Sophomores, juniors and seniors majoring in fashion design at the Washington University Sam Fox School of Design and Visual Arts presented their work at the 85th Annual Fashion and Design Show. Models, who walked the runway wearing the students’ creations, had their hair style by Dominic Bertani and his staff from Dominic Michael Salons. Bertani, who has styled hair at the event for 22 years, sponsors the Silver Scissors Designer of the Year, which was presented to senior Claudia Frolova this year.
St. Louis may be known as a sports town, but Jill McGuire says that the Gateway City should be thought of as something else—an "arts town."
The Saint Louis Art Museum is extending its run of the groundbreaking exhibit, Impressionist France: Visions of Nation from Le Gray to Monet. The exhibition is now running through Bastille Day, the French national holiday on July 14.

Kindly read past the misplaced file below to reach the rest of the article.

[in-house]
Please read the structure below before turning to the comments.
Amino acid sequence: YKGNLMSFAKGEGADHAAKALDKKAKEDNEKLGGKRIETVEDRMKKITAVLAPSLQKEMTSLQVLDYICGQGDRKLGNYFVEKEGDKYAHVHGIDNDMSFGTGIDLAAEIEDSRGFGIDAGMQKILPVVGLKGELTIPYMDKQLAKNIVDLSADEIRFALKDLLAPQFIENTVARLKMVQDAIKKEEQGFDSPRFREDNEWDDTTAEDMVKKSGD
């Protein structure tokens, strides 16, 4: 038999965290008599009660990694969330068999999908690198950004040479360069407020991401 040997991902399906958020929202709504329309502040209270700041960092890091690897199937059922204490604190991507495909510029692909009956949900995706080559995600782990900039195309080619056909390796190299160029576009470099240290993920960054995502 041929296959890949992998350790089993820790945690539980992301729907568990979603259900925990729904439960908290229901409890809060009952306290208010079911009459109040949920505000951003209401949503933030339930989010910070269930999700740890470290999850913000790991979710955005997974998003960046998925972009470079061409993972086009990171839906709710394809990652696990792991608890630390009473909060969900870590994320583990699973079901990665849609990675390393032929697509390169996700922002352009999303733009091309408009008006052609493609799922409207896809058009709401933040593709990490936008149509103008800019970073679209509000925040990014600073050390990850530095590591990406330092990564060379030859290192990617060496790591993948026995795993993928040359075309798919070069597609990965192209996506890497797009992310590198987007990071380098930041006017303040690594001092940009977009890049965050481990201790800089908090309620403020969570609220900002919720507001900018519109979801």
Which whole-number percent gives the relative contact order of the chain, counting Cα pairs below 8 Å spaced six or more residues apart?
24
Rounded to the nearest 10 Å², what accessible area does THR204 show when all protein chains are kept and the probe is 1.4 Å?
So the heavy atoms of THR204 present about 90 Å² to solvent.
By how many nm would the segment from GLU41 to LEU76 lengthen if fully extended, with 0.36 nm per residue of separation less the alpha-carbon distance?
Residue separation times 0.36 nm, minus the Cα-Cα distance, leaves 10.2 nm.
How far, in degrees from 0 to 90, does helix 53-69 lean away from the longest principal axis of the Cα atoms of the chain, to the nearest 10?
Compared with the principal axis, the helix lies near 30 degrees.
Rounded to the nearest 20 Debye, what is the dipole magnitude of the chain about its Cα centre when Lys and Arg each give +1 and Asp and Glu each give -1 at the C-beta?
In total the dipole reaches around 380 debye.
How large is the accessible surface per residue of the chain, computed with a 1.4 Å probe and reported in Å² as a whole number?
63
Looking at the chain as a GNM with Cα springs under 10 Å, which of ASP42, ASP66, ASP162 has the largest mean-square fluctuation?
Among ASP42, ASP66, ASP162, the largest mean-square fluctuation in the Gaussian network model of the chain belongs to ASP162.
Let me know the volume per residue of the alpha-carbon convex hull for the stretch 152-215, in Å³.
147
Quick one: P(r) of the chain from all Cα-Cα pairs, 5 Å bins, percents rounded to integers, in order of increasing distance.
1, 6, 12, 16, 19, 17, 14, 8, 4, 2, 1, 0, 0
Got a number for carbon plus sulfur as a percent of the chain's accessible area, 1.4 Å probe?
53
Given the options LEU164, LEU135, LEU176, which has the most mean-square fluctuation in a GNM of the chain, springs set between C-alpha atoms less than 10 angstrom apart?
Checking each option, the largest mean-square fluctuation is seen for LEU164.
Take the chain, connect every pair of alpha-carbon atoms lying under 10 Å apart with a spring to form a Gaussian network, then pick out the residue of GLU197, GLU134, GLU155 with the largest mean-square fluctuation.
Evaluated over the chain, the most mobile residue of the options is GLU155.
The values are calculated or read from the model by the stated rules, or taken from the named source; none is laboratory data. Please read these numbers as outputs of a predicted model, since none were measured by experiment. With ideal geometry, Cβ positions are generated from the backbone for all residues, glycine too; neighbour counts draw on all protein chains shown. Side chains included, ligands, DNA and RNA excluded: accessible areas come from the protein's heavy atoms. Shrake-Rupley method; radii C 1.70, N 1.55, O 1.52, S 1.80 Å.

There was some excitement in the art world this week, when news surfaced about a hidden painting found beneath Picasso’s The Blue Room. As first reported by the Associated Press, conservators at The Phillips Collection in Washington have long suspected that there might be something under the surface of the 1901 masterpiece. And indeed, they’ve confirmed that infrared imagery has revealed a portrait of an unknown man in a jacket and bow tie, with his face resting on his hand. Who is he? That’s the next mystery to figure out.
St. Louis Community College Eco-Art Exhibition Winners
When we embarked on our journey to Bentonville, Arkansas, we were prepared for the unexpected—and that’s certainly what we got. We now understand why the art world is abuzz.
Eighty years ago, in southern Missouri, world-class artists like Thomas Hart Benton, Joe Jones and Oscar Thalinger set up their easels and began to paint. They taught at the Summer School of Art, an offshoot of the Ste. Genevieve Art Colony, which was formed by two women serving on the St. Louis Artists’ Guild board of governors. The women, who normally summered on the coast to paint, started the colony when the Great Depression hindered their ability to travel.